While it’s presumably just dicta, having no legal force, the decision would have been stronger had Miller resisted getting into punditry. He has no especial expertise that renders his opinion as to the suitability of women for various combat specialties worth hearing. While I think it’s true that there are military tasks women are more likely to excel at than men on average, “sheer size and muscle” continue to matter a lot in most “combat positions.” Further, to the extent that we’re going to draft people into a future force for mass mobilization, we’re likely going to mostly need infantry soldiers. The experience thus far has been that very few women, indeed, have proven capable of meeting existing standards.

We’ll see what the Commission ultimately recommends. My instinct is that we should simply do away with the Selective Service system. We haven’t enacted a draft in almost half a century now despite multiple wars.

Update (Doug Mataconis): I’ve written about this issue myself several times — see here, here, and here — and largely agree with both James and the Federal Judge in this case, Gray Miller, who was appointed by George W. Bush. For those interested, here’s the opinion:

National Conference for Men… by on Scribd

FILED UNDER: Gender Issues, Law and the Courts, Military Affairs
James Joyner
About James Joyner
James Joyner is a Security Studies professor at Marine Corps University's Command and Staff College and a nonresident senior fellow at the Scowcroft Center for Strategy and Security at the Atlantic Council. He's a former Army officer and Desert Storm vet. Views expressed here are his own. Follow James on Twitter @DrJJoyner.

Comments

  1. Steve says:

    This is a fantastic step forward for equality. Time for everyone to embrace the suck.

  2. Michael Reynolds says:

    This was the premise of my FRONT LINES trilogy. Of course in my version it was the SCOTUS in 1940, not some Texan in 2019.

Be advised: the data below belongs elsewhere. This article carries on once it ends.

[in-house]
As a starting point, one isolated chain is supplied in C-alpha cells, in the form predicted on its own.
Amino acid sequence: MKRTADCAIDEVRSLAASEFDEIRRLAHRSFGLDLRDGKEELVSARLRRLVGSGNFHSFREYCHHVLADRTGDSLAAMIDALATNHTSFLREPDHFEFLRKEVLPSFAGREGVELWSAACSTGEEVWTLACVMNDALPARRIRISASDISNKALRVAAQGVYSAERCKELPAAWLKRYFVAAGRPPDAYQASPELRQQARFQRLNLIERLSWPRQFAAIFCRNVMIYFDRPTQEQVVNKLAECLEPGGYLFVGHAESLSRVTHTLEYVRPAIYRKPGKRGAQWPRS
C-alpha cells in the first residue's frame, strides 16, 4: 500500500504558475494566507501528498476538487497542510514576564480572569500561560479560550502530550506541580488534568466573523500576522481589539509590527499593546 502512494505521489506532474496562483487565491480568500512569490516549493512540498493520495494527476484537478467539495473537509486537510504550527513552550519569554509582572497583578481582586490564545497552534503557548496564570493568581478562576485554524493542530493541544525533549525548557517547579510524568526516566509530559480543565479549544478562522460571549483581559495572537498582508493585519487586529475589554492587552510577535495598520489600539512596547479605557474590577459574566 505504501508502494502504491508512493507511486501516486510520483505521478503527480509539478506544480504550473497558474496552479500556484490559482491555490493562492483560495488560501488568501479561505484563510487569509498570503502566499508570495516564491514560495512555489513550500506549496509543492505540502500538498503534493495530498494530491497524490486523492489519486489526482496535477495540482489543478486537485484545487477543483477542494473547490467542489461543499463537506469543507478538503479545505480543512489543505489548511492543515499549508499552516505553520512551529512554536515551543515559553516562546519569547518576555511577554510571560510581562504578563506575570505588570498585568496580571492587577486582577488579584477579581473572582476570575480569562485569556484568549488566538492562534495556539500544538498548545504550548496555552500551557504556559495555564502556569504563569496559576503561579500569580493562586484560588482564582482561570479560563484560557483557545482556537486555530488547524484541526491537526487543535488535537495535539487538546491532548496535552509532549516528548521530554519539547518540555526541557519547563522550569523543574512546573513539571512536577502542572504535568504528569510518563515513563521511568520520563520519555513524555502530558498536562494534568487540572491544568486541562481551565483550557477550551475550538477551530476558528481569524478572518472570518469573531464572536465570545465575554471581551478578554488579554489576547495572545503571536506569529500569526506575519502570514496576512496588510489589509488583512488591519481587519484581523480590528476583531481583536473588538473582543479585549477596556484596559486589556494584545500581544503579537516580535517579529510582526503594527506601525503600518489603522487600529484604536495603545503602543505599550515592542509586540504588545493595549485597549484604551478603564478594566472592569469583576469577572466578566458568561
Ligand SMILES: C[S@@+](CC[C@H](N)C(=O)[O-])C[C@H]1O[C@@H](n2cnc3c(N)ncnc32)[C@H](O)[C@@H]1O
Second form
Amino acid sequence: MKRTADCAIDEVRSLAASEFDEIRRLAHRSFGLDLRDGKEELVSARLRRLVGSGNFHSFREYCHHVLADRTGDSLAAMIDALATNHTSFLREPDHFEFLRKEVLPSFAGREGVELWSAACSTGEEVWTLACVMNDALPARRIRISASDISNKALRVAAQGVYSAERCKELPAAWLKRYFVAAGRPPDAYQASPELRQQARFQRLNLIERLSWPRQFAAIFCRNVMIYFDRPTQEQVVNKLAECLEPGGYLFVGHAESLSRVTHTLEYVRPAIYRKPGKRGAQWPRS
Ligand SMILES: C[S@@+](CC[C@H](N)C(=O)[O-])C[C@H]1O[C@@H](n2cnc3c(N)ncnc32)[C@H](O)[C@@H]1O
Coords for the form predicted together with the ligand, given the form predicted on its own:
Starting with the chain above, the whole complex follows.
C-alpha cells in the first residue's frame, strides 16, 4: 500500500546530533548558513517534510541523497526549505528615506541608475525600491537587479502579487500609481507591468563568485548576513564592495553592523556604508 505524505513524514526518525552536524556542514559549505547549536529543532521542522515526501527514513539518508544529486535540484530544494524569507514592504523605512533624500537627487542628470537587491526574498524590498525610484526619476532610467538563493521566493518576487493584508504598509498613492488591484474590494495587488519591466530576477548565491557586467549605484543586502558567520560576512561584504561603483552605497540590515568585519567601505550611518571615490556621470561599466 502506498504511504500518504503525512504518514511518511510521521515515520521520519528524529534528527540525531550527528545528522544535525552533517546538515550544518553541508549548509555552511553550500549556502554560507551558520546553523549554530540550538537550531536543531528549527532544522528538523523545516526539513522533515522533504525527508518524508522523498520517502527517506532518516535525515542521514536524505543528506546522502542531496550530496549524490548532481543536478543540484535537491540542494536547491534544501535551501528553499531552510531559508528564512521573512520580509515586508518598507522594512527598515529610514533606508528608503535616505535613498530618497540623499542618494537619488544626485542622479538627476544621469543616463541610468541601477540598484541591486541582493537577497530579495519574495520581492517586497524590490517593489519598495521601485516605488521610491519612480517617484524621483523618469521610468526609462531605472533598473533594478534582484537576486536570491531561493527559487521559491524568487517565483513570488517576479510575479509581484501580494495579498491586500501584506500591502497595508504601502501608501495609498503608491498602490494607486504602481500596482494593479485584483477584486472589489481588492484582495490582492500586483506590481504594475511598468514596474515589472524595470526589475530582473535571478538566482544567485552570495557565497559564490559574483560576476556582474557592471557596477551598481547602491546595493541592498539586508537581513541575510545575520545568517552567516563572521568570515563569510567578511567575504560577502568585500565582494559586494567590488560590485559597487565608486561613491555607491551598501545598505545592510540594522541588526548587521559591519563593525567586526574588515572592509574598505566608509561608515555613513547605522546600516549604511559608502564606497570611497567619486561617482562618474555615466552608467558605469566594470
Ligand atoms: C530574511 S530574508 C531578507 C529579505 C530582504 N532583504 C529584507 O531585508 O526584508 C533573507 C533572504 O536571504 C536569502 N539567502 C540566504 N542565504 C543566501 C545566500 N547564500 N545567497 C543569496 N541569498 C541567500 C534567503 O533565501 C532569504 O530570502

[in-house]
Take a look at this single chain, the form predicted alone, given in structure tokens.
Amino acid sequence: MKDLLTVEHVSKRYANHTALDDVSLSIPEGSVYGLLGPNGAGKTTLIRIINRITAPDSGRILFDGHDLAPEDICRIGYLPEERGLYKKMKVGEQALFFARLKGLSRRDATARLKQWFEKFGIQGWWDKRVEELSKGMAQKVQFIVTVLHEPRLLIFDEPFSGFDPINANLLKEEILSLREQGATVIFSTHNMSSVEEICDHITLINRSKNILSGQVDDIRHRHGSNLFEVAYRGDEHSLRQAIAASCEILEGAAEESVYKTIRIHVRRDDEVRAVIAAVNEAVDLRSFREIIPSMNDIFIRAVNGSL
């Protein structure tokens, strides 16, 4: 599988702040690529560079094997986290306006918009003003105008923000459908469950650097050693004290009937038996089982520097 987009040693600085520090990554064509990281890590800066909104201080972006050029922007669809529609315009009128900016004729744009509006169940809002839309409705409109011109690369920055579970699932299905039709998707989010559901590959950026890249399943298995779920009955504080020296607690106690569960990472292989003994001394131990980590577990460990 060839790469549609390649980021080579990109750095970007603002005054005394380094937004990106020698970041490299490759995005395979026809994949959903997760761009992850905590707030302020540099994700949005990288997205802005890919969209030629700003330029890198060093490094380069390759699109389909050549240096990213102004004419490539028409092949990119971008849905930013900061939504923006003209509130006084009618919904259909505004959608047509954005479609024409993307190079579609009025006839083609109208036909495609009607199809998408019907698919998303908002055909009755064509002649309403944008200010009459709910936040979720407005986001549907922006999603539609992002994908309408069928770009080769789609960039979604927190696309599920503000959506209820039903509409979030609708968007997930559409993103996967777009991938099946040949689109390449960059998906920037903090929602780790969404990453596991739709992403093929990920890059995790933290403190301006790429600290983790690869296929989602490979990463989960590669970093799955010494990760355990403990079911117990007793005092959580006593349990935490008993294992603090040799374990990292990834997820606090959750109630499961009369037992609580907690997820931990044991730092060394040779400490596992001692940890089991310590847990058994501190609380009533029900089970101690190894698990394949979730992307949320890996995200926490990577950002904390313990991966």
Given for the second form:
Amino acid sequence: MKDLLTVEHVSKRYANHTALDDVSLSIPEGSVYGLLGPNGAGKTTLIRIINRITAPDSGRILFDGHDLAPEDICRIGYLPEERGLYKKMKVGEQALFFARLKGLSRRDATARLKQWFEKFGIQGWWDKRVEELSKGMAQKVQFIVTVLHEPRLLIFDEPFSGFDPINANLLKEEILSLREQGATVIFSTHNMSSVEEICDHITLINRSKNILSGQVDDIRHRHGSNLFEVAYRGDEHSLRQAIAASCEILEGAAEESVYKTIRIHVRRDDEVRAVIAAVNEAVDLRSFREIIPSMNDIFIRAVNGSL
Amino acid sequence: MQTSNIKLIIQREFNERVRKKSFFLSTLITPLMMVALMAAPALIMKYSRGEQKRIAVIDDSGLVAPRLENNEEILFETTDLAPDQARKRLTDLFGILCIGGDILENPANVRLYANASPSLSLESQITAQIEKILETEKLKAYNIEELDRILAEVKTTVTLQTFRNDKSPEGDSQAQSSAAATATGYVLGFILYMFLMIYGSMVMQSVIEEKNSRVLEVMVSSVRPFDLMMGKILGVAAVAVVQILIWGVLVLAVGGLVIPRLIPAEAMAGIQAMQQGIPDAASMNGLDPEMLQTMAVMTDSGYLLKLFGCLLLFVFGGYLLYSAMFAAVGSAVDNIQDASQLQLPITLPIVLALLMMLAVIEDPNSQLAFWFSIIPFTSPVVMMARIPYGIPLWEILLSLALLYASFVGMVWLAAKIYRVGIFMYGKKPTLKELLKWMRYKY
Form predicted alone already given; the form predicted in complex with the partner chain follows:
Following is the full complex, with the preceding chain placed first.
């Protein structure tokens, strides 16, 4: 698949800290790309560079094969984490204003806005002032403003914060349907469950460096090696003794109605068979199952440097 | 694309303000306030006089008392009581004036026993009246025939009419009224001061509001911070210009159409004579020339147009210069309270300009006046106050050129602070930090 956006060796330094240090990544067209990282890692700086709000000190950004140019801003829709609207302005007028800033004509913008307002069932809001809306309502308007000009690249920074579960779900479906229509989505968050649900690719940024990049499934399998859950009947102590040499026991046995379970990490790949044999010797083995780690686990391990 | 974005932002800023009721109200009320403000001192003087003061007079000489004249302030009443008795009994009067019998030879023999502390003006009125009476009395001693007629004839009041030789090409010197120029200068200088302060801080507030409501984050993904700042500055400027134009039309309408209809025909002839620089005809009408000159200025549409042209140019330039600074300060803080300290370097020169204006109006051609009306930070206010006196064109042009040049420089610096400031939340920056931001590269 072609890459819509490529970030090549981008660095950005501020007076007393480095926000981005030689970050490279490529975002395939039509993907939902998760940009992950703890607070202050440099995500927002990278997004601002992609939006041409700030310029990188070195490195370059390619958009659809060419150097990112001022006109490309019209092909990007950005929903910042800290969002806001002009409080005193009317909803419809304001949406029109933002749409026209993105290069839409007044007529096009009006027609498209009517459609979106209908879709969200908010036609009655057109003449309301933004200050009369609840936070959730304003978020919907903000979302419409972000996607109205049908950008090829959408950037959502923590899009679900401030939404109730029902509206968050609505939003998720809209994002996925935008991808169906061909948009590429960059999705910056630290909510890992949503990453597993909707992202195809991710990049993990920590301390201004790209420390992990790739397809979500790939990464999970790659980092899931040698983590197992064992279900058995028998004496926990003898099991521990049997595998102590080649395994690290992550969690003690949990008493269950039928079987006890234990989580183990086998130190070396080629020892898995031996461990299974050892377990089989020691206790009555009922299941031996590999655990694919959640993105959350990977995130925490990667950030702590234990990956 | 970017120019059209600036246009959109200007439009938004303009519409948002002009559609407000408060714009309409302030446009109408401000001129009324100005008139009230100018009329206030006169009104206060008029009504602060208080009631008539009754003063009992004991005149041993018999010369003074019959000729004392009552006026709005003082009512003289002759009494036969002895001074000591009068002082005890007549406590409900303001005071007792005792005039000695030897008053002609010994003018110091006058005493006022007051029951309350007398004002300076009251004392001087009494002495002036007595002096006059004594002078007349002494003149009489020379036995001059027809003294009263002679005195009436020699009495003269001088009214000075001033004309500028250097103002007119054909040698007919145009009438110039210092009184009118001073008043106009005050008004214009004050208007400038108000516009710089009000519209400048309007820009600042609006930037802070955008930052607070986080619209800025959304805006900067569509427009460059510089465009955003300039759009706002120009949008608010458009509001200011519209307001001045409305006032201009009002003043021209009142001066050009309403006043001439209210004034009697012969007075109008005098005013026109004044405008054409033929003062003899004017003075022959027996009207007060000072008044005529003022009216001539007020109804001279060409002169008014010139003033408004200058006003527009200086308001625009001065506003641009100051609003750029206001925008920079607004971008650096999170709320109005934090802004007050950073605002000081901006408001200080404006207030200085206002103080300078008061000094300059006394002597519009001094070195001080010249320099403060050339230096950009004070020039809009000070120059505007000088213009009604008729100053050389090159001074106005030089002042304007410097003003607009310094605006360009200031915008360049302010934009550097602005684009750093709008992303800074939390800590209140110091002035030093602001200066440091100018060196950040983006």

3. Kathy says:

    The draft should be abolished. Forced servitude is bad enough. Forced servitude with a much higher than normal chance of ending up maimed or killed is an abomination.

    Historical tidbit: In the early Roman Republic, citizens “owed” military service to the state, but had to provide their own weapons and gear (shields, boots, clothes, etc.) The poor were exempt, since they lacked the means to provide either weapons or gear for themselves.

  4. Tyrell says:

    @Kathy: I am certainly in favor of women serving in the military. I oppose a draft that could end up sending women to the front lines of combat. I don’t think the American people would have supported a women’s draft in the Vietnam War.
    Women have shown that they can equal men in military service as far as leadership, technical, and logistics abilities go. Women are excelling in leadership and other positions.
    Some roles are not feasible for women: “Why no women are in the Navy /SEALS” (Quora 10-17-17)The SEALS have extreme physical and mental training. Few men make the cut. Eventually a woman will make it.
    Also: “US Marines will not lower fitness requirements for women”. Women have been in the Marines since 1918. Now they make up 8% of the force. Not bad!
    There are a few misguided people and groups who want to believe that there are no differences at all between men and women. That is false.
    The draft itself was done away with under President Nixon. The registration requirement is still in effect.
    I think some officers are subject to recall after they are discharged, subject to certain conditions.
    A few years ago I remember a doctor who got a report for duty letter from the Army. He was in his 60’s. Finally, after much going through the “proper” channels they got it canceled.

  5. Slugger says: